Niall Dickson is the Chief Executive of the King's Fund, an organisation which seeks to find ways in which the health system in England can be improved. Here he considers what challenges lie ahead for the National Health Service given the current financial climate, ahead of a Newsnight special on the issue later on Monday.
The politicians know that life for the National Health Service is about to become very difficult indeed. Yet they are reluctant to talk about it.
The NHS was founded in 1948 to bring free healthcare to all
In the case of the government this is because they would prefer we dwell on the successes of the past decade rather than the pain of the next one.
In health, perhaps more than other areas of the public sector, Labour can point to real advances, with patients being treated more quickly, services such as accident and emergency transformed, and improvements in survival among heart and cancer patients.
A debate about how much health care will suffer because of the recession is not an attractive proposition in ministerial ranks.
Likewise, this side of an election the Conservatives are reluctant to spell out the gloom.
The Tories are in a similar position when it comes to health as Labour was in relation to the City in the mid-90s.
Nigel Lawson called the NHS the closest thing the English have to a religion
It is an area where traditionally they have not been trusted and where the aim must be to reassure, not to frighten.
The former chancellor Nigel Lawson once remarked that the English only had one national religion - the NHS - and that unfortunately, the Tories were seen as non-believers.
Conservative leader David Cameron has worked hard to counteract this, promising to match government funding for the NHS and embracing its underlying principles as defined by Labour in its NHS Plan of 2000.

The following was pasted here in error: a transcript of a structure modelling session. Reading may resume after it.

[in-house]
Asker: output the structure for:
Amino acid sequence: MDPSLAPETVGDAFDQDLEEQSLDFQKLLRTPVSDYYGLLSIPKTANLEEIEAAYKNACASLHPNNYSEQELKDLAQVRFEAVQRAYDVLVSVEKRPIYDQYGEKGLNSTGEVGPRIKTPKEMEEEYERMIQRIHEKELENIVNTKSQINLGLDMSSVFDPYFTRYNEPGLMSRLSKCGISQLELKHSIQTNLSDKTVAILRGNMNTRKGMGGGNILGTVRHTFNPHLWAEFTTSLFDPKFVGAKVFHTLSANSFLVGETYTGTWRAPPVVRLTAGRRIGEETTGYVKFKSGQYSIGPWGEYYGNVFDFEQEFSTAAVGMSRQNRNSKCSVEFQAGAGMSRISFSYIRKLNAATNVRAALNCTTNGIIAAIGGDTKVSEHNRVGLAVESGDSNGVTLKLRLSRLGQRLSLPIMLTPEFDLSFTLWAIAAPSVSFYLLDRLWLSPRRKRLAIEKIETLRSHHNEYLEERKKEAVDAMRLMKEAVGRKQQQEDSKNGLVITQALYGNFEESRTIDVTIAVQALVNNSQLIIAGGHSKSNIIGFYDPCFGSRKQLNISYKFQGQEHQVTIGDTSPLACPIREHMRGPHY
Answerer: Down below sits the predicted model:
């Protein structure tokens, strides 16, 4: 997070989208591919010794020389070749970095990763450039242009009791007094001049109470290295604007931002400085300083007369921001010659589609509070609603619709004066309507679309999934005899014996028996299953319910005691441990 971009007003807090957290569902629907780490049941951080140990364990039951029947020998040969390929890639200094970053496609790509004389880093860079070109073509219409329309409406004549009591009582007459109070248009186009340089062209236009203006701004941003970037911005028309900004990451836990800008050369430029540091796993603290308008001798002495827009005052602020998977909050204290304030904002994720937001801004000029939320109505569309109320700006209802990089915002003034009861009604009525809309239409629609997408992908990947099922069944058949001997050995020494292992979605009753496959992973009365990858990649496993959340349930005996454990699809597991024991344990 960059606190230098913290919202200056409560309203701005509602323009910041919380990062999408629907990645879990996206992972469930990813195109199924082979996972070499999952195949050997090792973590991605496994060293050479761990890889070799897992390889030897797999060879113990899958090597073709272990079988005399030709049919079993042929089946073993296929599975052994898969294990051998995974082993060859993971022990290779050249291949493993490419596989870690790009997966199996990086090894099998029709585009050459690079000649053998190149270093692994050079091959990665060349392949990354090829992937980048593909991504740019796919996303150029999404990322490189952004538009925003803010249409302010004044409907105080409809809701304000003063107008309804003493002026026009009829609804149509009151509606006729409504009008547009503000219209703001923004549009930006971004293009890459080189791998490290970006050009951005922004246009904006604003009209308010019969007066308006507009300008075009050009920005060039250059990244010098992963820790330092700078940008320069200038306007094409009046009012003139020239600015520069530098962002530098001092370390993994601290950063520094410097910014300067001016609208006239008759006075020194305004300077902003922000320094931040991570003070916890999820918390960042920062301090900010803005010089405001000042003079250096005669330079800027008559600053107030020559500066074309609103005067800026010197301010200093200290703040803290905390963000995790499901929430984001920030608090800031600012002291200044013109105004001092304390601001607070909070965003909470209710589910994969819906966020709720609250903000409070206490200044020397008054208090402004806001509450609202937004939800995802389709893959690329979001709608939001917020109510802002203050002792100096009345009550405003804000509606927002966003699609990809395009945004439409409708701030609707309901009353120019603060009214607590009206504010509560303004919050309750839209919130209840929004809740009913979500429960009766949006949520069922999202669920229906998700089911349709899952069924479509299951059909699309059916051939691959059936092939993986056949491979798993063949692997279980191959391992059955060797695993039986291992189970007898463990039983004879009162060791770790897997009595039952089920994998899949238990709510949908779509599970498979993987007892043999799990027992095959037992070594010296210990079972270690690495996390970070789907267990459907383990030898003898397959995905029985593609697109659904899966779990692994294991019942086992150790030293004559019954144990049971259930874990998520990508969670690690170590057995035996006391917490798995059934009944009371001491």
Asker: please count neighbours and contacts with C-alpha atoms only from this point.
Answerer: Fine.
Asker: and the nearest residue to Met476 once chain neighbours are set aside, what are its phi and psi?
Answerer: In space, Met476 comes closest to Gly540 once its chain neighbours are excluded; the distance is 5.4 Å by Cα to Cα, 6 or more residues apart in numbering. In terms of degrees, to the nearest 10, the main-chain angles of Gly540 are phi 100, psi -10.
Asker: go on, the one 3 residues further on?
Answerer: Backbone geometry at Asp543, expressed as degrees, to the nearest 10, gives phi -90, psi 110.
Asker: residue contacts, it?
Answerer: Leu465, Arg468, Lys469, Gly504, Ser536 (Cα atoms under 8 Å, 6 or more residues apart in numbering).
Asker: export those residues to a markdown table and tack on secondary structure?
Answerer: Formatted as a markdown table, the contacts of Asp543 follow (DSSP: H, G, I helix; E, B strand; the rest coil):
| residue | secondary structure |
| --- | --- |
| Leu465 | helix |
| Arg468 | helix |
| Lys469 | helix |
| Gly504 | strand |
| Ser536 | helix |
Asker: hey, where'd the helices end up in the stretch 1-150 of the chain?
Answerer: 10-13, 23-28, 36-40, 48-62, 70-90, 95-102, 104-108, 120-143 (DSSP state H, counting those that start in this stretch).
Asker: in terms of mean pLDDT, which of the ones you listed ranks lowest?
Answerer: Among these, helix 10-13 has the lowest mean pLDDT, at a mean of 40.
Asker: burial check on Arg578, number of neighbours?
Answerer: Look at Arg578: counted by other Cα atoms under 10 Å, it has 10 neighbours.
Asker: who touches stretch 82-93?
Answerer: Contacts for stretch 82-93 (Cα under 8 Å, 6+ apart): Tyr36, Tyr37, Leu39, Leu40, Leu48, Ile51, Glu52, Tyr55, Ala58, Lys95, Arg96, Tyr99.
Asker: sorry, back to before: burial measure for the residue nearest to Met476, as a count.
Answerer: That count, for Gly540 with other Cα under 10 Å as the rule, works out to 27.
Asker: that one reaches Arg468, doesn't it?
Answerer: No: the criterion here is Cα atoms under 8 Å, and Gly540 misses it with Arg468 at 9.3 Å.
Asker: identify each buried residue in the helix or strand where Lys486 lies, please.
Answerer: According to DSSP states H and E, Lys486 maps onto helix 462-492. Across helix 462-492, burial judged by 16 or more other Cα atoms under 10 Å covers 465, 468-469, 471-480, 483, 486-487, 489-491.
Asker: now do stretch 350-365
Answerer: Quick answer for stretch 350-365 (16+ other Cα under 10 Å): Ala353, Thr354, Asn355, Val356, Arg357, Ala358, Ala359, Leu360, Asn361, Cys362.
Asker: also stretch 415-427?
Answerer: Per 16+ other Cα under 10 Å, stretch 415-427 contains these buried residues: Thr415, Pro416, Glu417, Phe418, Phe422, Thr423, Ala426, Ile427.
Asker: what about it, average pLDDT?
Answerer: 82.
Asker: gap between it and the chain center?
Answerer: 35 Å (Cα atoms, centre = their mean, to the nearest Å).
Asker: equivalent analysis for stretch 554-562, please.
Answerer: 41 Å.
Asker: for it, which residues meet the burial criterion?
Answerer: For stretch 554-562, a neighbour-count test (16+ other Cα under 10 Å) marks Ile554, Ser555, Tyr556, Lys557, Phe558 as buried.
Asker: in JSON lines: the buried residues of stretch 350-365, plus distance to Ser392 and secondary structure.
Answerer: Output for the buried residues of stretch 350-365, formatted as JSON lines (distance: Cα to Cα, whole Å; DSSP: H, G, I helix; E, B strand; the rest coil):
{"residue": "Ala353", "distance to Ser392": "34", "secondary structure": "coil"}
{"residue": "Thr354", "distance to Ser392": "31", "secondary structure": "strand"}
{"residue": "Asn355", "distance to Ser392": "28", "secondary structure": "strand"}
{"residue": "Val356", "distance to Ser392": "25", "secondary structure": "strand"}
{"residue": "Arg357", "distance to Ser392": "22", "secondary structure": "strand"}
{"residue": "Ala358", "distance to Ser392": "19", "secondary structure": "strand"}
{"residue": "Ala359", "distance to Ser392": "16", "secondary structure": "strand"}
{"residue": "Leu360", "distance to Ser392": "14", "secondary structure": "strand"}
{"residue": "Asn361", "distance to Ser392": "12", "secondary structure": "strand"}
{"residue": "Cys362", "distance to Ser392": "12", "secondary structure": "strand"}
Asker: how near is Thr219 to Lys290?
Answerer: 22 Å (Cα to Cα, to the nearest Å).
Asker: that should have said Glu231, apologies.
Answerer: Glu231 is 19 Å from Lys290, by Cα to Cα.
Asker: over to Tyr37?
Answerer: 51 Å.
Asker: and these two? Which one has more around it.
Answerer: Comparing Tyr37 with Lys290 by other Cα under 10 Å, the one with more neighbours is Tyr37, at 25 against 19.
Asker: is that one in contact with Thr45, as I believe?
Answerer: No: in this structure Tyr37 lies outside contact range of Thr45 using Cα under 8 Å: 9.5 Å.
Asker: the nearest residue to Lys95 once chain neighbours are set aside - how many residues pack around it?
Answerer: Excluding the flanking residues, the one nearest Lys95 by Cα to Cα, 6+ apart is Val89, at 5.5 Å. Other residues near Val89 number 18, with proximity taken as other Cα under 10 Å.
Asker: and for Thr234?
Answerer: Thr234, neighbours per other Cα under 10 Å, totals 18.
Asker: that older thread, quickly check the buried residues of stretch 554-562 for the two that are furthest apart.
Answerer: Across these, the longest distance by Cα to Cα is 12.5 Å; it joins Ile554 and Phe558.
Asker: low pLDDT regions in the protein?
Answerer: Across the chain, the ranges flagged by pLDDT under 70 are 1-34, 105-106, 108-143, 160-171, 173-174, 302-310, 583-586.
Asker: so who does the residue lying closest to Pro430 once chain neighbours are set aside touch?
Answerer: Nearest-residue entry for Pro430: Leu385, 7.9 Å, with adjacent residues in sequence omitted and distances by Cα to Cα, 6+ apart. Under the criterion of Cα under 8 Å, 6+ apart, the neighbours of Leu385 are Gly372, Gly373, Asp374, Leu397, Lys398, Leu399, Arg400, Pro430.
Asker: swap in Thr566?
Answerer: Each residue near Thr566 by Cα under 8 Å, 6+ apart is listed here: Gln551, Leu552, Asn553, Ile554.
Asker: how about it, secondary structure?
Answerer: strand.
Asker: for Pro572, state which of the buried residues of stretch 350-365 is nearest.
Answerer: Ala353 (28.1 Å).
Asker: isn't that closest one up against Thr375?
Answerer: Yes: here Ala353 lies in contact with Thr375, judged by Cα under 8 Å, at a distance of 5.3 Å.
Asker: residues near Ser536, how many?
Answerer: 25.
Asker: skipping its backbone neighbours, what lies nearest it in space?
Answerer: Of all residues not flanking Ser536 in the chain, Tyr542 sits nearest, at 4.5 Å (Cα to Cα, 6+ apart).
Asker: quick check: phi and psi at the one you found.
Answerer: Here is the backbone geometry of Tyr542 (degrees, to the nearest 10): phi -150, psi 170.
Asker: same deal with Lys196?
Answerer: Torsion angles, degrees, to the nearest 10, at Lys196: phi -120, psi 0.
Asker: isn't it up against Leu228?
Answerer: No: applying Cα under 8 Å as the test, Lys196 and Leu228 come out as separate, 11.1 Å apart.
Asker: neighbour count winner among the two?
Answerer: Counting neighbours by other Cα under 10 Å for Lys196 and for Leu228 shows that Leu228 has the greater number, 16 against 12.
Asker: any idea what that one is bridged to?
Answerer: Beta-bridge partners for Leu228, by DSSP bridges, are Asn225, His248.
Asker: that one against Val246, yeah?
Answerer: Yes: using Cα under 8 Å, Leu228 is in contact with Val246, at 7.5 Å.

The last thing he wants to suggest is that a Conservative government might have to preside over swingeing cuts.
However, the reality is that even if the next government protects healthcare from the axe that will fall elsewhere in the public sector, future demand means the system will struggle.
In particular, unless it is able to drive up productivity, health care needs will not be met and gains made in reducing waiting times may be reversed.
Whatever does happen it looks inevitable that unpopular decisions will have to be made and staff numbers will fall.
The NHS has just passed through a phenomenal and unprecedented period of growth - nearly 7% real additional funding each year since 2000.
In some ways then it should be better prepared for a downturn. And it will need to be, it is about to enter a period where it could grow less than at any time in its history.
The numbers are stark. Since it was founded the NHS has had, on average, real terms growth of between 3-4% a year. This has enabled it to provide a more or less comprehensive service to the British people.
But rising expectations, new technology and changing demographics require even greater increases just to stand still - changes in demography alone, particularly an increasing ageing population, could cost the NHS in England between £1bn billion and £1.4bn extra each year from now until 2017.
Under the less optimistic scenario in
The King's Fund/IFS report
the gap between what the system needs to maintain and improve quality and what it might get could be £20-30bn, or 30% of the budget.
It should be possible to close at least some of that gap by increasing the efficiency of the system.
There is enormous scope still to redesign services and reduce variations in performance - such as making sure all areas are following best practice and investigating why areas with similar populations appear to spend widely varying amounts on services such as mental health and cancer care.
The challenge for the health service then is to meet growing demand, maintain the quality and safety of care and save money all at the same time.
It would help if politicians signed up to help deliver that message.
Watch a special edition of Newsnight on the future of the NHS in an age of austerity on Monday 27 July 2009 at 10.30pm on BBC Two.